Wednesday, May 6, 2009

Gay beers

If you've seen the movie "In Bruges," you will know exactly what "gay beer" stands for. If you haven't seen it, you should (this means you Grandma).

In the film, one of the main characters keeps referring to Belgian beers as gay beers, and his beloved English Pale Ales as regular beers. Truth is, the gay beers are the best beers (I know of at least 7 Germans who will be seriously disappointed by that statement, but it's true). My buddy Ed said before I brewed my first beer something to the effect that brewing is all about making a nice environment for your yeast. Belgian beers are about the character of the yeast driving the flavor and aromas more than any other. And despite the strict nature of the guidelines for beers in general, I feel like I have the most freedom to experiment with these.

Brewing here is highly contingent on temperature control of fermentation, of which I have none. So it's all seasonal. Belgian yeasts have a tendency to be able to deal with higher temperatures, so it is the time of year where Brauerie LaVoy turns into Brasserie LaVoy. Where I go from making Bölkstoff to making something a bit finer.

I'm going to do my gay beers in two parts. Ted has been doing series of beers with the same yeast, and I will try something similar here. The first part will be a series of Abbey style Belgian Ales, a single, a dubbel and a tripel. The second will be a series of Saisons. Some of what I'll be doing will be building on what I've done before. I've done a couple of dubbels, and a couple of Saisons. The overall approach will change a bit. Instead of expensive candi sugars from the home brew store for the higher octane brews, I will be using sugar concoctions that I cook up on my stove. I'm going to experiment with some different grains for the Saisons, especially with spelt (which is an heirloom varietal of wheat).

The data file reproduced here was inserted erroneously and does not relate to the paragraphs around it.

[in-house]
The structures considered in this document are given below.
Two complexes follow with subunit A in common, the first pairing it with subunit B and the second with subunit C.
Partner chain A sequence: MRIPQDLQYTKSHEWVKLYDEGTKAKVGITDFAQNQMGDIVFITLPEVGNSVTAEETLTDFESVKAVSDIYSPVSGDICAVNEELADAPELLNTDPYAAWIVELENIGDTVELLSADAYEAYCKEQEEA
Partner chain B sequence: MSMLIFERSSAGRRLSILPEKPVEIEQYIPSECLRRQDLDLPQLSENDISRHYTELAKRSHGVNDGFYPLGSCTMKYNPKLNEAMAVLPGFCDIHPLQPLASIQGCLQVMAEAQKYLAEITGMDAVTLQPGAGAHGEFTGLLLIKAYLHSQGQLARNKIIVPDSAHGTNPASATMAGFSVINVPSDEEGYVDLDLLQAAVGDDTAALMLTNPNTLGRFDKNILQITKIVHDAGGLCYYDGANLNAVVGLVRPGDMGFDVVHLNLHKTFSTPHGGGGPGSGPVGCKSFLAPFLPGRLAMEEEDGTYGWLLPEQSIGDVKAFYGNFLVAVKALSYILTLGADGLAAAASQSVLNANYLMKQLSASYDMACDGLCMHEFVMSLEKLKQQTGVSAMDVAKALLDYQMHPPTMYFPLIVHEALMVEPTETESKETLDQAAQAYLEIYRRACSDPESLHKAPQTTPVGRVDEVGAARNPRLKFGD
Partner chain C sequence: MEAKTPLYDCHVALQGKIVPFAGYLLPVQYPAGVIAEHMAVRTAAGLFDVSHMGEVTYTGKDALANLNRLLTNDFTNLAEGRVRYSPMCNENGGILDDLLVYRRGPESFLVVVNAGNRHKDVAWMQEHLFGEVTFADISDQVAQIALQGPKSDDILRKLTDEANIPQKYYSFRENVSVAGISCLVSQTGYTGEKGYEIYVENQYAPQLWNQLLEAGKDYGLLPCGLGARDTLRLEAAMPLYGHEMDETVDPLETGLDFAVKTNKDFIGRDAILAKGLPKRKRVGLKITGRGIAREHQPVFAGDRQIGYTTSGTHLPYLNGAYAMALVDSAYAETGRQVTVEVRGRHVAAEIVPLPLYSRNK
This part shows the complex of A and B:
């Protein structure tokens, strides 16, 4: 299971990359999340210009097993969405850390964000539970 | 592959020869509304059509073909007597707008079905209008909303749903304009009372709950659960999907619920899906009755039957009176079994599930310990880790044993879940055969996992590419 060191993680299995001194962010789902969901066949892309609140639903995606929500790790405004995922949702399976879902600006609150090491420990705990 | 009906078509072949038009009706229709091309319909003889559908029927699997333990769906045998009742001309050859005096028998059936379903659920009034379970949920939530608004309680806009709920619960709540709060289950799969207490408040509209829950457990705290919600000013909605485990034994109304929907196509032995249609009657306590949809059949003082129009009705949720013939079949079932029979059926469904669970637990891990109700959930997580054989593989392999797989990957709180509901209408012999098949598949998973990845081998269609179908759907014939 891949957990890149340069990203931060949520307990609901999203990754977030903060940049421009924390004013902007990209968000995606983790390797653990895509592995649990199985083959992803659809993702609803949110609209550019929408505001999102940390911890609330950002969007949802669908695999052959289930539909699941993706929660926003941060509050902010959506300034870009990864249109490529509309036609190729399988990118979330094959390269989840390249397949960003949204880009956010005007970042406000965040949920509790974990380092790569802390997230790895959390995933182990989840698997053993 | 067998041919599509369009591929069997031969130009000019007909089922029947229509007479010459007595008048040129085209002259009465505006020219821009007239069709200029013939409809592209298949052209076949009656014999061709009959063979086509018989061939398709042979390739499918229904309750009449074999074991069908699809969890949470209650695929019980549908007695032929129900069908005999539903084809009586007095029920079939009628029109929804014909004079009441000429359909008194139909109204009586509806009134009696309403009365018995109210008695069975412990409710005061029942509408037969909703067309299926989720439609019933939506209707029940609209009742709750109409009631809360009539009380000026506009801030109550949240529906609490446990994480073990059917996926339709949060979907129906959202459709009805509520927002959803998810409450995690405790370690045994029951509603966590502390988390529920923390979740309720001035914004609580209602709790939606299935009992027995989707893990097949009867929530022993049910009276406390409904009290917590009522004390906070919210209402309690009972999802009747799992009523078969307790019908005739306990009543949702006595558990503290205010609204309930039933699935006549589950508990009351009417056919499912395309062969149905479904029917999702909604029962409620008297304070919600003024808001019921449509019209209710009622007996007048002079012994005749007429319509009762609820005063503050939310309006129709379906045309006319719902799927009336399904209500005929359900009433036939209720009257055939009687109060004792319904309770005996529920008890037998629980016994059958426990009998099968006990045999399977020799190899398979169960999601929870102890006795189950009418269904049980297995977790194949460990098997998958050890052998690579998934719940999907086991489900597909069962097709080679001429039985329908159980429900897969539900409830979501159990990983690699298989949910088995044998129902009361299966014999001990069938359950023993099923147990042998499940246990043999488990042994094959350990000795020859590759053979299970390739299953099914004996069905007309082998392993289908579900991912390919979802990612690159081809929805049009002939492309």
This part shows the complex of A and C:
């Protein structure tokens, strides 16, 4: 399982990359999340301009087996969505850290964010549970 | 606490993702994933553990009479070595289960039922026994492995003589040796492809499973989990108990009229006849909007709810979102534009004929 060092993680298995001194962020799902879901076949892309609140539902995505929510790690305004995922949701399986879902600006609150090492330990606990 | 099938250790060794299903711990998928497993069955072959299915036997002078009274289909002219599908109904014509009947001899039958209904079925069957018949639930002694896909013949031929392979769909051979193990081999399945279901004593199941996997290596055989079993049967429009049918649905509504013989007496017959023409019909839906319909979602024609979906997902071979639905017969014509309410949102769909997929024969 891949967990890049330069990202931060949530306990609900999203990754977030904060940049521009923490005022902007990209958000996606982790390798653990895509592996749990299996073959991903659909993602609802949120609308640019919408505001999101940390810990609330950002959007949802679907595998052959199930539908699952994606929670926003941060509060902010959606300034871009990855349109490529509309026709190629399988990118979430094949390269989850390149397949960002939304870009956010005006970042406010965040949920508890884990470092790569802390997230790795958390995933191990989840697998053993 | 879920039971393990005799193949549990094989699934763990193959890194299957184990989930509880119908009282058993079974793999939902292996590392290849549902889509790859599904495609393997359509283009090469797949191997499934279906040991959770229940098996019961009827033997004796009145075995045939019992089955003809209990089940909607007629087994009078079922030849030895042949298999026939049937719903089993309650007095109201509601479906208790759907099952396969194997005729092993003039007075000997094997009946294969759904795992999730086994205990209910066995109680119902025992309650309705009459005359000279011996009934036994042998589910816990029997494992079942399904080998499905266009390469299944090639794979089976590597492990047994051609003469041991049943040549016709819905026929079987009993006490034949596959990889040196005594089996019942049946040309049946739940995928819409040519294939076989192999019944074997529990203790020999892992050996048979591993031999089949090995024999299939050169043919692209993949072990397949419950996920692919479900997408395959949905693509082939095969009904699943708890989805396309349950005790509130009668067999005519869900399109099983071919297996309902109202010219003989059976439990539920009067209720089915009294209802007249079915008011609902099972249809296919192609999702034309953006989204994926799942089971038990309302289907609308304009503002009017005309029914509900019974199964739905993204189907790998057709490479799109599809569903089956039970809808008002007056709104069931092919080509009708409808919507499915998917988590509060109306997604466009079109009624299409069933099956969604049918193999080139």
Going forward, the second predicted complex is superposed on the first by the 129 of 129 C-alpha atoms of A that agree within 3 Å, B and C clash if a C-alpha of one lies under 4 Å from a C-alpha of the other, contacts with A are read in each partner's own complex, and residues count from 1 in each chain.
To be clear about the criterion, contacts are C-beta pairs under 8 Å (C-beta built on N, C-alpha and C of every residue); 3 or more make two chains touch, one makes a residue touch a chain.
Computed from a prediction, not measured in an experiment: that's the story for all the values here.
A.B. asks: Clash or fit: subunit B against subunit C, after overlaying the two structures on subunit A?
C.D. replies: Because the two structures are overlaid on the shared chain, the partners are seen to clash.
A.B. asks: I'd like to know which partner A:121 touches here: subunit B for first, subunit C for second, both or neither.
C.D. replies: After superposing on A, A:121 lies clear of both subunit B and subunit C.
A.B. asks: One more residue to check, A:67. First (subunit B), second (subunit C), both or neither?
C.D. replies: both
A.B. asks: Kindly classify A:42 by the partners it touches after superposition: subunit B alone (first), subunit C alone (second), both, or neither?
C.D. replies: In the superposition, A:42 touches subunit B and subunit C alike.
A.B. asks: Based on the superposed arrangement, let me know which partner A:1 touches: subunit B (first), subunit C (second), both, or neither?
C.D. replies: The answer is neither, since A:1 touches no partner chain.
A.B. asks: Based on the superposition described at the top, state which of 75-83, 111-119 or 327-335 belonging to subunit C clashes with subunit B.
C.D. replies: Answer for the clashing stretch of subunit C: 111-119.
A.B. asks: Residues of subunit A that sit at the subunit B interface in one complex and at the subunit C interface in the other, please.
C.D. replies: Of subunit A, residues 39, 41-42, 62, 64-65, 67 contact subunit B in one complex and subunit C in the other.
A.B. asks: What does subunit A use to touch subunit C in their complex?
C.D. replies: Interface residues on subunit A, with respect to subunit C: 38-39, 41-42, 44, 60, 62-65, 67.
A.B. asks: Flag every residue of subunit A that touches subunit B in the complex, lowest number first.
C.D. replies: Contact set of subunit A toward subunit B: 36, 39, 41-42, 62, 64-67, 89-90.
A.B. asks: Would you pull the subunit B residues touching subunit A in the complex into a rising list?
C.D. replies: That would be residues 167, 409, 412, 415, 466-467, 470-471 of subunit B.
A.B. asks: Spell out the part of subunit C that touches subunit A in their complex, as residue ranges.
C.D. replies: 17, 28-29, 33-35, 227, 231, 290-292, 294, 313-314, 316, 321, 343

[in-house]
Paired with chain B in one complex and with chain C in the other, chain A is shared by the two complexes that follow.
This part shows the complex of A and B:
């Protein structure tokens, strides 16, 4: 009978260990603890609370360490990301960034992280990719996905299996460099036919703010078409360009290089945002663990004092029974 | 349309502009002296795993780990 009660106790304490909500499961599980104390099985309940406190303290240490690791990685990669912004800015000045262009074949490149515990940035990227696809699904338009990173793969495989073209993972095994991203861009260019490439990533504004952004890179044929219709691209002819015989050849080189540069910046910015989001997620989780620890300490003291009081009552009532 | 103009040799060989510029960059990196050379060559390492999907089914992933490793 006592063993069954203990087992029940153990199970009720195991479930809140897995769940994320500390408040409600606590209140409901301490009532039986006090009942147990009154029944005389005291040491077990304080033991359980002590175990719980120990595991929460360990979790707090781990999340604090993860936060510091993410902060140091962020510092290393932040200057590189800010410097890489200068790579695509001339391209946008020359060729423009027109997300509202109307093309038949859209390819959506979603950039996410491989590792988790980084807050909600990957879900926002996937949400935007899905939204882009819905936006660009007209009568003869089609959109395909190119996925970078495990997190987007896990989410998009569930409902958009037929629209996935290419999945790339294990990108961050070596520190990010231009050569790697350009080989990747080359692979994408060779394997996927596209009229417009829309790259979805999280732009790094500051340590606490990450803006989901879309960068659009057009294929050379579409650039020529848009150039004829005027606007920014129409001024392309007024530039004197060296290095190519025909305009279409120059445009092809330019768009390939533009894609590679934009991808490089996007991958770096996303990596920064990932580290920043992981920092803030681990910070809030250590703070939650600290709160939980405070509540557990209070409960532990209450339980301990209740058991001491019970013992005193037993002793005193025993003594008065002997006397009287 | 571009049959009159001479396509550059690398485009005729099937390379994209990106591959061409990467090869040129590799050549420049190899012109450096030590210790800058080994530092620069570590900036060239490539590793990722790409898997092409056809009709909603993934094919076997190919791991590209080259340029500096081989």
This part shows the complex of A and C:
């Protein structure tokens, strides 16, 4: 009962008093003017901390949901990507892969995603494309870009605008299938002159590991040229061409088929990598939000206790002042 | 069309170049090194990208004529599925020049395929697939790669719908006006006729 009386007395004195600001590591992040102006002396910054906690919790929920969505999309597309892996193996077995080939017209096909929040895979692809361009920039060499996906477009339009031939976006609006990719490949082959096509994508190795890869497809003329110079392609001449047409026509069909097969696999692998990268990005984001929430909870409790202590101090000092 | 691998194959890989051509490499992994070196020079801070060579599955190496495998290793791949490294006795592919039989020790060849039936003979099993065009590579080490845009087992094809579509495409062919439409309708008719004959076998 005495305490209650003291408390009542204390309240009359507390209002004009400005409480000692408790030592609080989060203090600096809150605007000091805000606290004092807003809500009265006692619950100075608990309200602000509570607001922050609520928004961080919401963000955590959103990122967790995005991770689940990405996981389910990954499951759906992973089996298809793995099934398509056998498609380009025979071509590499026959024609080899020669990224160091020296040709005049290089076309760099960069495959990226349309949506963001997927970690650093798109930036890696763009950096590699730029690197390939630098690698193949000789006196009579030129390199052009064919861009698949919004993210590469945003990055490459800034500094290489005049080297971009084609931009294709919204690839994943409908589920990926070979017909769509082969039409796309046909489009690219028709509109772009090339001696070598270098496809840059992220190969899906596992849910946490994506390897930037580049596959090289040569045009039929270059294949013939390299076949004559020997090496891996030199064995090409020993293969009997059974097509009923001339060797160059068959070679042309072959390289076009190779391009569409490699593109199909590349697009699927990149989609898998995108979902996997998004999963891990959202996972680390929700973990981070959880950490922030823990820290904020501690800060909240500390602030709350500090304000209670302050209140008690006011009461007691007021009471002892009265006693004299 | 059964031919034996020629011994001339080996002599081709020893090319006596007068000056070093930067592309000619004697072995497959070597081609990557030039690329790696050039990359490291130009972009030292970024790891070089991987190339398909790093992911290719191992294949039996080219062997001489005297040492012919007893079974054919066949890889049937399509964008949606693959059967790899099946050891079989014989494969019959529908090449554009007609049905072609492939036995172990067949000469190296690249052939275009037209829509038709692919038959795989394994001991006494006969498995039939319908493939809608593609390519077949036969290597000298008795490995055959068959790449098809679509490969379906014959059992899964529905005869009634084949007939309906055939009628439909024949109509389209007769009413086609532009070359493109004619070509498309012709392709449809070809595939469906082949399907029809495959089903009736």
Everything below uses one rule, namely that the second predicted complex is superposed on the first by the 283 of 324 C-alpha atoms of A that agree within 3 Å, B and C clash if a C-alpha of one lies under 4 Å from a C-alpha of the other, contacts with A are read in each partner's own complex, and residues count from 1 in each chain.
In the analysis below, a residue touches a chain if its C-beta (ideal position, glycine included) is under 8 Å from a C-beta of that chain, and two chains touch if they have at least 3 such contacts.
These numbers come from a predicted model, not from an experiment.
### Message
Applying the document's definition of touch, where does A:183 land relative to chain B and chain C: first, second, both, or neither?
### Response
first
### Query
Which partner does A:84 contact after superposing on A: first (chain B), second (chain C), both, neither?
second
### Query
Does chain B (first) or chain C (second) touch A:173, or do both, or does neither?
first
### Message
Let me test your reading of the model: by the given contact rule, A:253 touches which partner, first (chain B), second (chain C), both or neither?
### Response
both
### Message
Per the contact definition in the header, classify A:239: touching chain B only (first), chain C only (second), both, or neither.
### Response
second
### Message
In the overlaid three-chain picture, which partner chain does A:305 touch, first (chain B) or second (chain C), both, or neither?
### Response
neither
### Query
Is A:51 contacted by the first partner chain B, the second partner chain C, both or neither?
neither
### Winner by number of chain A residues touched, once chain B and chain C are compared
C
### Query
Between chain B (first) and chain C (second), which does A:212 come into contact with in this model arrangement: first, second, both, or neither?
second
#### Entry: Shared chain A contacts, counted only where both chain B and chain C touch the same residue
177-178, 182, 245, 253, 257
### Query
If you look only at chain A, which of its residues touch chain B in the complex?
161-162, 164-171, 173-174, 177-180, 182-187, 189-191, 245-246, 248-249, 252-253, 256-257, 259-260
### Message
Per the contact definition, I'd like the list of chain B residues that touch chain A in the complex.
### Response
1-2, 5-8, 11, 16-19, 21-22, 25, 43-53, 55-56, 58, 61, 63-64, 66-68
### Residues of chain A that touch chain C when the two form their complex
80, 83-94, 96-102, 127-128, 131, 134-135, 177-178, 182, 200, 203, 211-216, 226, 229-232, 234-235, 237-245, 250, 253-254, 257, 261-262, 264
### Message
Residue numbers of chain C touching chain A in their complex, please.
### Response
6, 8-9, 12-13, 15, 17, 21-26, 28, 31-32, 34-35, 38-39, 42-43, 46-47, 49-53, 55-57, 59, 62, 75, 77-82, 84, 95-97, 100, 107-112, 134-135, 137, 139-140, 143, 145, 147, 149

Needless to say, I am really excited about this. I was driving Kerry crazy last week mulling over whether to start these beers last weekend or not. I decided to wait, because I wanted to be fully ready for these. GAY BEERS!


nhudson said...

I finished up a Saison in a weeks time a few weeks ago. Just remember when doing any kind of Belgian mash at a low temp 144-146 for a good while 1 1/2 - 2 hours. Then mash out and sparge at 156-158. For a Saision just let it ferment at room temp or hotter. I had mine going around 80 degrees. For other Belgians pitch at 66-67 and slowly ramp the temp up 77-78 degrees. The book Brew Like a Monk is a great read and teaches these techniques. Good luck with the brew!!!

nhudson said...

Of course now that I read my comment I feel stupid cause you said you have no fermentation control. Yes you are right in saying they are good yeasts for hotter temps. Just ferment above 70 and they will turn out great.